Both areas, Appalachian and Piedmont, had both black and white population, and both played essentially the same type of music, for themselves and for each other. It was as common a century ago to see a black band playing for a white square dance as for a black square dance. Square dancing took no sides then; it was an equal part of the heritage of blacks as much as whites. Current times show a distinct minority of black country string bands. Then again, most blacks aren’t aware that the banjo was invented by blacks, who played the instrument long before leaving their native lands in the 1500s and later.

Following that fateful meeting at ASU, the three CCD members began getting together with Thompson on weekends to play. Later, the CCD added more area players to their weekend schedule, including Etta Baker and Algia Mae Hinton. If you’re not familiar with those names, shame on you! Do your homework or you’ll go to bed hungry.

CCD began tearing up the music circuit shortly after that first meeting, and now they’re world travelers, spreading the Piedmont Gospel far and wide. Between Thompson coming up with the music, and the CCD coming together for the music, not much happened in string band music overall, and even less in black string band music. The folk revival which took place in the 1950s and 1960s brought mainly whites together playing some of the music to mainly white audiences. The later bluegrass and newgrass bands were also almost solely a white domain. It wasn’t until four decades after the folk revival that several black string bands began forming, causing most blacks to express surprise or even dismay that these groups were playing what they perceived as white people’s music. Which explains both the group’s need for and mission of educating its audiences.

And that brings us up to Dona Got A Ramblin’ Mind, which is a 16-cut CD that CCD released in 2006 through MusicMaker.org, also out of North Carolina. “Dona” is an almost 48-minute slice of 1880 Americana, that will not let you remain seated for long. I don’t go to theaters or performance centers to see groups like CCD for that very reason. An outdoor venue, a nightclub, a dancehall, fine. This music, however, is not made to sit through. Even the musicians know that!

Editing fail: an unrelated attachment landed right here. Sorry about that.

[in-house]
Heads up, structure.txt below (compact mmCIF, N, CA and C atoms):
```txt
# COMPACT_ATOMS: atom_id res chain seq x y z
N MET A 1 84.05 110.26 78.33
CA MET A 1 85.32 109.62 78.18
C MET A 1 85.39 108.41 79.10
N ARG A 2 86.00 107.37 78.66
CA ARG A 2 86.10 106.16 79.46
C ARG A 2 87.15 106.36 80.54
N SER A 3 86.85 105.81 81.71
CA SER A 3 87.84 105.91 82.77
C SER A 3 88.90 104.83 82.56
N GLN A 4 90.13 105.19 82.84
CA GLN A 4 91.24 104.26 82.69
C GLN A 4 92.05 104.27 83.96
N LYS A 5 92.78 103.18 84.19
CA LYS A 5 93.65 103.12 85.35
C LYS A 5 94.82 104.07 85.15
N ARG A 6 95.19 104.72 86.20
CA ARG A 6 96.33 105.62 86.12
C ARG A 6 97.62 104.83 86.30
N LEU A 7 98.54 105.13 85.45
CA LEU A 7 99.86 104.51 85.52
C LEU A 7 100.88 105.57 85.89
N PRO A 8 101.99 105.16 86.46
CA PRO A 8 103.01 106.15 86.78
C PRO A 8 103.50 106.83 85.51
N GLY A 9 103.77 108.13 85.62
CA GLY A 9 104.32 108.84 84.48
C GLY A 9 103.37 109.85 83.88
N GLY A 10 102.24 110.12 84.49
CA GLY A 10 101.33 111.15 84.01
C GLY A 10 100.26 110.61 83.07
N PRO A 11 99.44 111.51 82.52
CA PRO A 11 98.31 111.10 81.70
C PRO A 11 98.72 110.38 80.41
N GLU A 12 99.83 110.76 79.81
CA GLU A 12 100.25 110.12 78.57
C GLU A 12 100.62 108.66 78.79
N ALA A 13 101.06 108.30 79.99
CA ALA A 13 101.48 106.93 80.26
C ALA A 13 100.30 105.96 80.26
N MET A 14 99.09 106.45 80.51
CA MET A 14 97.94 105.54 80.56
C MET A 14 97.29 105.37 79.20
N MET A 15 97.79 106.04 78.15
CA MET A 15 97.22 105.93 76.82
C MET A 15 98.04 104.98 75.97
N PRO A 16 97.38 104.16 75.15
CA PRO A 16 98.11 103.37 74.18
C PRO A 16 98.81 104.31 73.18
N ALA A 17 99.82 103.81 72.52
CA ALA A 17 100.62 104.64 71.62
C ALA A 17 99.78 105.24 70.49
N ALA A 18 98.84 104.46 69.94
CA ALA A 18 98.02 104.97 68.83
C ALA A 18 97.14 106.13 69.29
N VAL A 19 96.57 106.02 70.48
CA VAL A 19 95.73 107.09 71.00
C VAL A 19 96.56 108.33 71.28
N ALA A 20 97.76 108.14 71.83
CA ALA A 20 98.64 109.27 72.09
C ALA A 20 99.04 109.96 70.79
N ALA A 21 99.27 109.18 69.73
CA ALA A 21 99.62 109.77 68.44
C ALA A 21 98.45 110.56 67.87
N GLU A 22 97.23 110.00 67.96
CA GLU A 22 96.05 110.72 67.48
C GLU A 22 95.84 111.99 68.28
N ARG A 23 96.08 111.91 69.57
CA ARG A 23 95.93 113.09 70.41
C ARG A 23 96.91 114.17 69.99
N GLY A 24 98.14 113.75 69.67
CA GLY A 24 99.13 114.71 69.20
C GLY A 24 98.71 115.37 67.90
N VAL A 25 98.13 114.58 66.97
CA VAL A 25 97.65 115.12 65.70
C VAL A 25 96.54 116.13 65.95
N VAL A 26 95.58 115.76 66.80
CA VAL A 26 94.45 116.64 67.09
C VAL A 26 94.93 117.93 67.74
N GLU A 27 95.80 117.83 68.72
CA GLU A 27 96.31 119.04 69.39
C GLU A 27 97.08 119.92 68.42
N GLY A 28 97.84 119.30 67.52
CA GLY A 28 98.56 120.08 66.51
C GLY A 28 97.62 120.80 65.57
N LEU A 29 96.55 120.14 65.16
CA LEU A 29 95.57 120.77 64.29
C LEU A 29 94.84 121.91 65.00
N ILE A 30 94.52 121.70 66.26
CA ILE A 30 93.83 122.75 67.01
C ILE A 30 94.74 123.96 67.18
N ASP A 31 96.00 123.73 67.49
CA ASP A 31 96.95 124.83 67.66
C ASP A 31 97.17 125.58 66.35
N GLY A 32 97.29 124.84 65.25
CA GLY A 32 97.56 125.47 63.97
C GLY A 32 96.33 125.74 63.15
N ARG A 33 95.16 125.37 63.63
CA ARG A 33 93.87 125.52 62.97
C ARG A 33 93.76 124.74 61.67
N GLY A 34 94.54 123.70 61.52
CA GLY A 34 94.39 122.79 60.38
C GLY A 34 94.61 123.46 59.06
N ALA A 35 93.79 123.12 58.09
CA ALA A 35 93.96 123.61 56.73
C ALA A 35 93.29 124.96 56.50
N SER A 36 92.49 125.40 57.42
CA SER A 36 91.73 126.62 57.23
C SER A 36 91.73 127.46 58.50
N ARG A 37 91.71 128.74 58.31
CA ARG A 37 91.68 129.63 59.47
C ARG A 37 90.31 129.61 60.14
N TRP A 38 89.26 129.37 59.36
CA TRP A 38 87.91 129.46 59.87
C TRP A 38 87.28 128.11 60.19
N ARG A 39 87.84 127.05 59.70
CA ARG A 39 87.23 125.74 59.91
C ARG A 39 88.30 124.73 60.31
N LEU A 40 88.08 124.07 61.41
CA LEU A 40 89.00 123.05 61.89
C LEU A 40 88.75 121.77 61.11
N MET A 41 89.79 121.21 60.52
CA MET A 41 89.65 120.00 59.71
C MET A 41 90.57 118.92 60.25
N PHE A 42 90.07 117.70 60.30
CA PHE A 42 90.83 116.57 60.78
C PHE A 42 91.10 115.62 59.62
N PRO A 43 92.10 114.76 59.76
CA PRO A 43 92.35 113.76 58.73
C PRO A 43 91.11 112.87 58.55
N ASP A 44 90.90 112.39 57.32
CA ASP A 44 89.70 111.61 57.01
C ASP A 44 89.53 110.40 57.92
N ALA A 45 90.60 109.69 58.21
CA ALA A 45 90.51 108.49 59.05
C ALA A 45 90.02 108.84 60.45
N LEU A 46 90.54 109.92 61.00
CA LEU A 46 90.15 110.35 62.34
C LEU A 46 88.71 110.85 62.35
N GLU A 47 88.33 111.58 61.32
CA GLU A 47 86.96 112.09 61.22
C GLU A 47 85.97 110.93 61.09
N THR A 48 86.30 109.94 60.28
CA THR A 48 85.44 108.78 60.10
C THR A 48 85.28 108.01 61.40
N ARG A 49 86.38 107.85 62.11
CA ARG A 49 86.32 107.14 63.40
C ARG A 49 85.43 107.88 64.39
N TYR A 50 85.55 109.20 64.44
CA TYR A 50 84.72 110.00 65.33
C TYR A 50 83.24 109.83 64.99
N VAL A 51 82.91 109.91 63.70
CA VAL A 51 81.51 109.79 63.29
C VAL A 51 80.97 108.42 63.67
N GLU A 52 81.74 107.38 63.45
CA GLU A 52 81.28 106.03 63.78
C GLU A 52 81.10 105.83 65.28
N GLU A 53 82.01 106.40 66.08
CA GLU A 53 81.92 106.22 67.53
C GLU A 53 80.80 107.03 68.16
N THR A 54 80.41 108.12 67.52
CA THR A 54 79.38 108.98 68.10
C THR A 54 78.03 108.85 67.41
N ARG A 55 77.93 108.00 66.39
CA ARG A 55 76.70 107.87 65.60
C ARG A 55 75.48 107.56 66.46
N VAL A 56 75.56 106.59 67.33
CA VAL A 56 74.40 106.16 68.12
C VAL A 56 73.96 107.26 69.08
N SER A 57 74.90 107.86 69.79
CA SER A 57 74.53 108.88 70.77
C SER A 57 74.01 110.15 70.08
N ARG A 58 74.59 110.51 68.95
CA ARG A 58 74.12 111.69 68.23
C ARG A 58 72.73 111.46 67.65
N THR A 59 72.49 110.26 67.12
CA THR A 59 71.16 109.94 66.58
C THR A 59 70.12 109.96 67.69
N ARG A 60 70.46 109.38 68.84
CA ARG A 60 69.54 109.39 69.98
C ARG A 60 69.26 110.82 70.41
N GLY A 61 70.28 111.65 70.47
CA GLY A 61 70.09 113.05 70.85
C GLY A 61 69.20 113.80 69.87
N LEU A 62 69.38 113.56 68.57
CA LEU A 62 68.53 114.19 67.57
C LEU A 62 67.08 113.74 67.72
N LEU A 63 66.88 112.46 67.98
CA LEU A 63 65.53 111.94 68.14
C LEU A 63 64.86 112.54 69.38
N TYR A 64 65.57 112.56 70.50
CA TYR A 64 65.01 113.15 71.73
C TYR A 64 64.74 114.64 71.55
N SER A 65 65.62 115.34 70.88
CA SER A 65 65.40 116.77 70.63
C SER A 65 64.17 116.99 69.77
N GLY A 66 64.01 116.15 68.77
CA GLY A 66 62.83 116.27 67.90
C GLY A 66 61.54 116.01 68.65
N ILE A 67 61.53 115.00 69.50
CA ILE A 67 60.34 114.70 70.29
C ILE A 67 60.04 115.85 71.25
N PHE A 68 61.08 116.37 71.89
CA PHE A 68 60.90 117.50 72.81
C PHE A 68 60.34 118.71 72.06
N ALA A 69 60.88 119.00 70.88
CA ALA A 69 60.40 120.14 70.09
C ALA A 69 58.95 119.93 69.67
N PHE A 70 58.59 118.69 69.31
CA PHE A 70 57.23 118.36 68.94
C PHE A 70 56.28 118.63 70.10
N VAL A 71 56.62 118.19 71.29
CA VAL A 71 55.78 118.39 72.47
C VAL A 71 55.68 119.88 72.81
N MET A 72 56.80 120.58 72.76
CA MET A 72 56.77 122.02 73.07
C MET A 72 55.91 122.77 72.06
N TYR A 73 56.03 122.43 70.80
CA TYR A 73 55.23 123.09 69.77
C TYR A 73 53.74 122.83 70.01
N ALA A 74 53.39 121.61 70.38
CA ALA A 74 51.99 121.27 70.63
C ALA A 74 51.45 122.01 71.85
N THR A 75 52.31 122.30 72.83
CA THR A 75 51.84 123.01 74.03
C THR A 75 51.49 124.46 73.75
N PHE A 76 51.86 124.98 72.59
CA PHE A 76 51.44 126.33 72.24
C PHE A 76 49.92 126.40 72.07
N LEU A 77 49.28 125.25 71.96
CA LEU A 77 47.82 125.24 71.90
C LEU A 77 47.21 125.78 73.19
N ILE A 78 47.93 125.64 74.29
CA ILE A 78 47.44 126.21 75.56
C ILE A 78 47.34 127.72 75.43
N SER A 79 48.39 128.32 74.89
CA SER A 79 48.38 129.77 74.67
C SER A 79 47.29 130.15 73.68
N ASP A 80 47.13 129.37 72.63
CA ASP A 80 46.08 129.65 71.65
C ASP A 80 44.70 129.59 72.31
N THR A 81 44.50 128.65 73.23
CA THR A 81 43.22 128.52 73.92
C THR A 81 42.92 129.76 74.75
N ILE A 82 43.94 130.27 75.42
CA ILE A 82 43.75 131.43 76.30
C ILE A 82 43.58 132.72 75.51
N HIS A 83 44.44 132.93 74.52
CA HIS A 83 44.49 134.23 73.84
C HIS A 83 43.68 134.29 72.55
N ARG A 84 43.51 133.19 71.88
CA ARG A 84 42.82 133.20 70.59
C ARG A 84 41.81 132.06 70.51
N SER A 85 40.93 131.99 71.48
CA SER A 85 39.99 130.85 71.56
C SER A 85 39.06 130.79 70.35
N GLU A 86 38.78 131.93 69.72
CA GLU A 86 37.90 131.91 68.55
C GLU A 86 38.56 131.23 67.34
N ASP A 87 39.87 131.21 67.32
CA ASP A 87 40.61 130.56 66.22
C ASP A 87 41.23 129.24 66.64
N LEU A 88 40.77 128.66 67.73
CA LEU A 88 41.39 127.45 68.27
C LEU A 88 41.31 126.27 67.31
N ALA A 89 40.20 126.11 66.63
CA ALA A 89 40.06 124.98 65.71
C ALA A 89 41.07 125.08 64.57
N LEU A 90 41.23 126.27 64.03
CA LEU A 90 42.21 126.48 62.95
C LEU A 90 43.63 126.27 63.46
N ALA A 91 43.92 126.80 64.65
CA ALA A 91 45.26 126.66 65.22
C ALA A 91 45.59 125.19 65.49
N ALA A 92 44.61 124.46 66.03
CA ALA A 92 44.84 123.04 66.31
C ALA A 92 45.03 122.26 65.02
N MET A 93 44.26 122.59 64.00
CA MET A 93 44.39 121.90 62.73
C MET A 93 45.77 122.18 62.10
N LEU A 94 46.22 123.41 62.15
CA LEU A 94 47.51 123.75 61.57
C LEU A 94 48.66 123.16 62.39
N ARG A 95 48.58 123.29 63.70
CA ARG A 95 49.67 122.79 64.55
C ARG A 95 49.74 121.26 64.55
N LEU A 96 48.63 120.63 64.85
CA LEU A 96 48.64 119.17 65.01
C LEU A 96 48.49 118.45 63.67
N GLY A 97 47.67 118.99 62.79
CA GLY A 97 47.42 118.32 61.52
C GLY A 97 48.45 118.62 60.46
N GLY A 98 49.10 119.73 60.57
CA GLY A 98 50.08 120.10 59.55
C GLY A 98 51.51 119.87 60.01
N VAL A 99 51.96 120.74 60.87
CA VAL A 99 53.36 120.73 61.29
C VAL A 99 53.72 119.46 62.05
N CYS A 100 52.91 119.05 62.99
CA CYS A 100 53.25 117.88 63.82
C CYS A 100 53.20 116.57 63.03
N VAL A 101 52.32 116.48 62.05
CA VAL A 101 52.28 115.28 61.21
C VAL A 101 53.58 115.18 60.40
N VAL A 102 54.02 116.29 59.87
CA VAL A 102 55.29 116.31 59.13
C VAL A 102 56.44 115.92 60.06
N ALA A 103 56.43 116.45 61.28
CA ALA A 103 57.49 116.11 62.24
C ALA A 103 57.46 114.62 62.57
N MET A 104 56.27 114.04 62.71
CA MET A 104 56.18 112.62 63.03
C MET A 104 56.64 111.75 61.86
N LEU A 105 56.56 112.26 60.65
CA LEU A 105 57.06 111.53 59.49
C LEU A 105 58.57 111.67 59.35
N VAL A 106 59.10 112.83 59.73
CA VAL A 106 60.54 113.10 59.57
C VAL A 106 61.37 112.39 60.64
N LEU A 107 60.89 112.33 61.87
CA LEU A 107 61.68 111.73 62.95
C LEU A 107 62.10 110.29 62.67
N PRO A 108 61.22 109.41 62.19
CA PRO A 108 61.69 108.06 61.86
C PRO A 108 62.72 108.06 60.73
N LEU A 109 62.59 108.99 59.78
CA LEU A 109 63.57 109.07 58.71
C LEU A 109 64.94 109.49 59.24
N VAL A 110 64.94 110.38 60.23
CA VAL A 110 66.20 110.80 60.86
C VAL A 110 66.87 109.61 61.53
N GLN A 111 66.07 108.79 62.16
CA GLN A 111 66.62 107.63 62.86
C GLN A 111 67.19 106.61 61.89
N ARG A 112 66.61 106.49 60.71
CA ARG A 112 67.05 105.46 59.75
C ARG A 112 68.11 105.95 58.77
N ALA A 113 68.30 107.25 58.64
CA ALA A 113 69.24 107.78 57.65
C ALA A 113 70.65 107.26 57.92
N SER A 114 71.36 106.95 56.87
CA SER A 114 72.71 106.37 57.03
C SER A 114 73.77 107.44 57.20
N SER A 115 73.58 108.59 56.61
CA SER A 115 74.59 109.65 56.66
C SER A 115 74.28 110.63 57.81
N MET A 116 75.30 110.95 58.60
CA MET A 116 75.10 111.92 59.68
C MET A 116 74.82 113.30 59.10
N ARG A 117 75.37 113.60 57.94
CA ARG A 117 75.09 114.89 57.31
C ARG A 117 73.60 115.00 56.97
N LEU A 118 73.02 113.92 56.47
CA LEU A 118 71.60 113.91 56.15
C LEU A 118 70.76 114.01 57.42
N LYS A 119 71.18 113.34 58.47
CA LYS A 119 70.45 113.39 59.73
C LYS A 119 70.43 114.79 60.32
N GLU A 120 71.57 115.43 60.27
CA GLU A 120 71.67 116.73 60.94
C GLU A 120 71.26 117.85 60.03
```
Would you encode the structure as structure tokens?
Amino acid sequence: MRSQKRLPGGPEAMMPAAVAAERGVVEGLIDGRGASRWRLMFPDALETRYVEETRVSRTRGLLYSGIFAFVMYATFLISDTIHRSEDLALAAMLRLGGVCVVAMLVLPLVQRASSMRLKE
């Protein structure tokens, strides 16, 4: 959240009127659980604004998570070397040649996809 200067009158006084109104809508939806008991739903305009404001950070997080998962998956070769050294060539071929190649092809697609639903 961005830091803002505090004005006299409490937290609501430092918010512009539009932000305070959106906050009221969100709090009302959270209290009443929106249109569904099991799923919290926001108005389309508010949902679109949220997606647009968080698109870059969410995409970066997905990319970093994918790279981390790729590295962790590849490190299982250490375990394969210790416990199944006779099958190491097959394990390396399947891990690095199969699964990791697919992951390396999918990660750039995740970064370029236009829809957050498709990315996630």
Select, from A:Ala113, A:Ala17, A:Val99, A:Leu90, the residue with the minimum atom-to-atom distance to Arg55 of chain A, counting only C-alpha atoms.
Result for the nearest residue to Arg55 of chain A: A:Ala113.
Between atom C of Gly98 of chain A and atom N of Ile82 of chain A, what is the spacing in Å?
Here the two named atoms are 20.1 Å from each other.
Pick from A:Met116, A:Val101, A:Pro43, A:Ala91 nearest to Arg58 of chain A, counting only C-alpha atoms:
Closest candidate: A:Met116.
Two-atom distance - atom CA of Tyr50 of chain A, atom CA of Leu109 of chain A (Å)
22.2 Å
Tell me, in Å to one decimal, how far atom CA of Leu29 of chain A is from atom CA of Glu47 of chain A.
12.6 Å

When you hear of the Carolina Chocolate Drops coming to your area, get your tickets sooner, rather than later. There may not be a later, since CCD are playing to packed houses that will be even more packed following their return from Europe.

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About Lou Novacheck

  • CatbirdHeart

    There is a slight inaccuracy in your article. This type of music did not originate in the Western parts of NC and VA. Earliest references to the fiddle and banjo being played together are on plantations, almost all of which were in the Piedmont/Coastal Plain/Tidewater/Lowcountry of the South. As these areas were settled first and the mountains subsequently, the music most likely spread from the more settled areas to the least settled regions, ie the mountains.

  • Lou Novacheck

    Please point me to a reference that supports your statements. I’d like to get this straight for myself, as much as for the article. My reading supports what I put in the article, but if it’s not correct, I want to correct the article.

  • CatbirdHeart

    The best resource would be Africa Banjo Echoes in Appalachia by Cece Conway. There is an accompanying CD called Black Songster of NC and VA put out by Smithstonian folkways. Also read go the WPA Slave narrative websites and do a search for “fiddle” and/or “banjo”. Old Time music as we know it today held on longer in the mountains than other places in the South (even this is not agreed upon) but that should not be confused with its point of origin.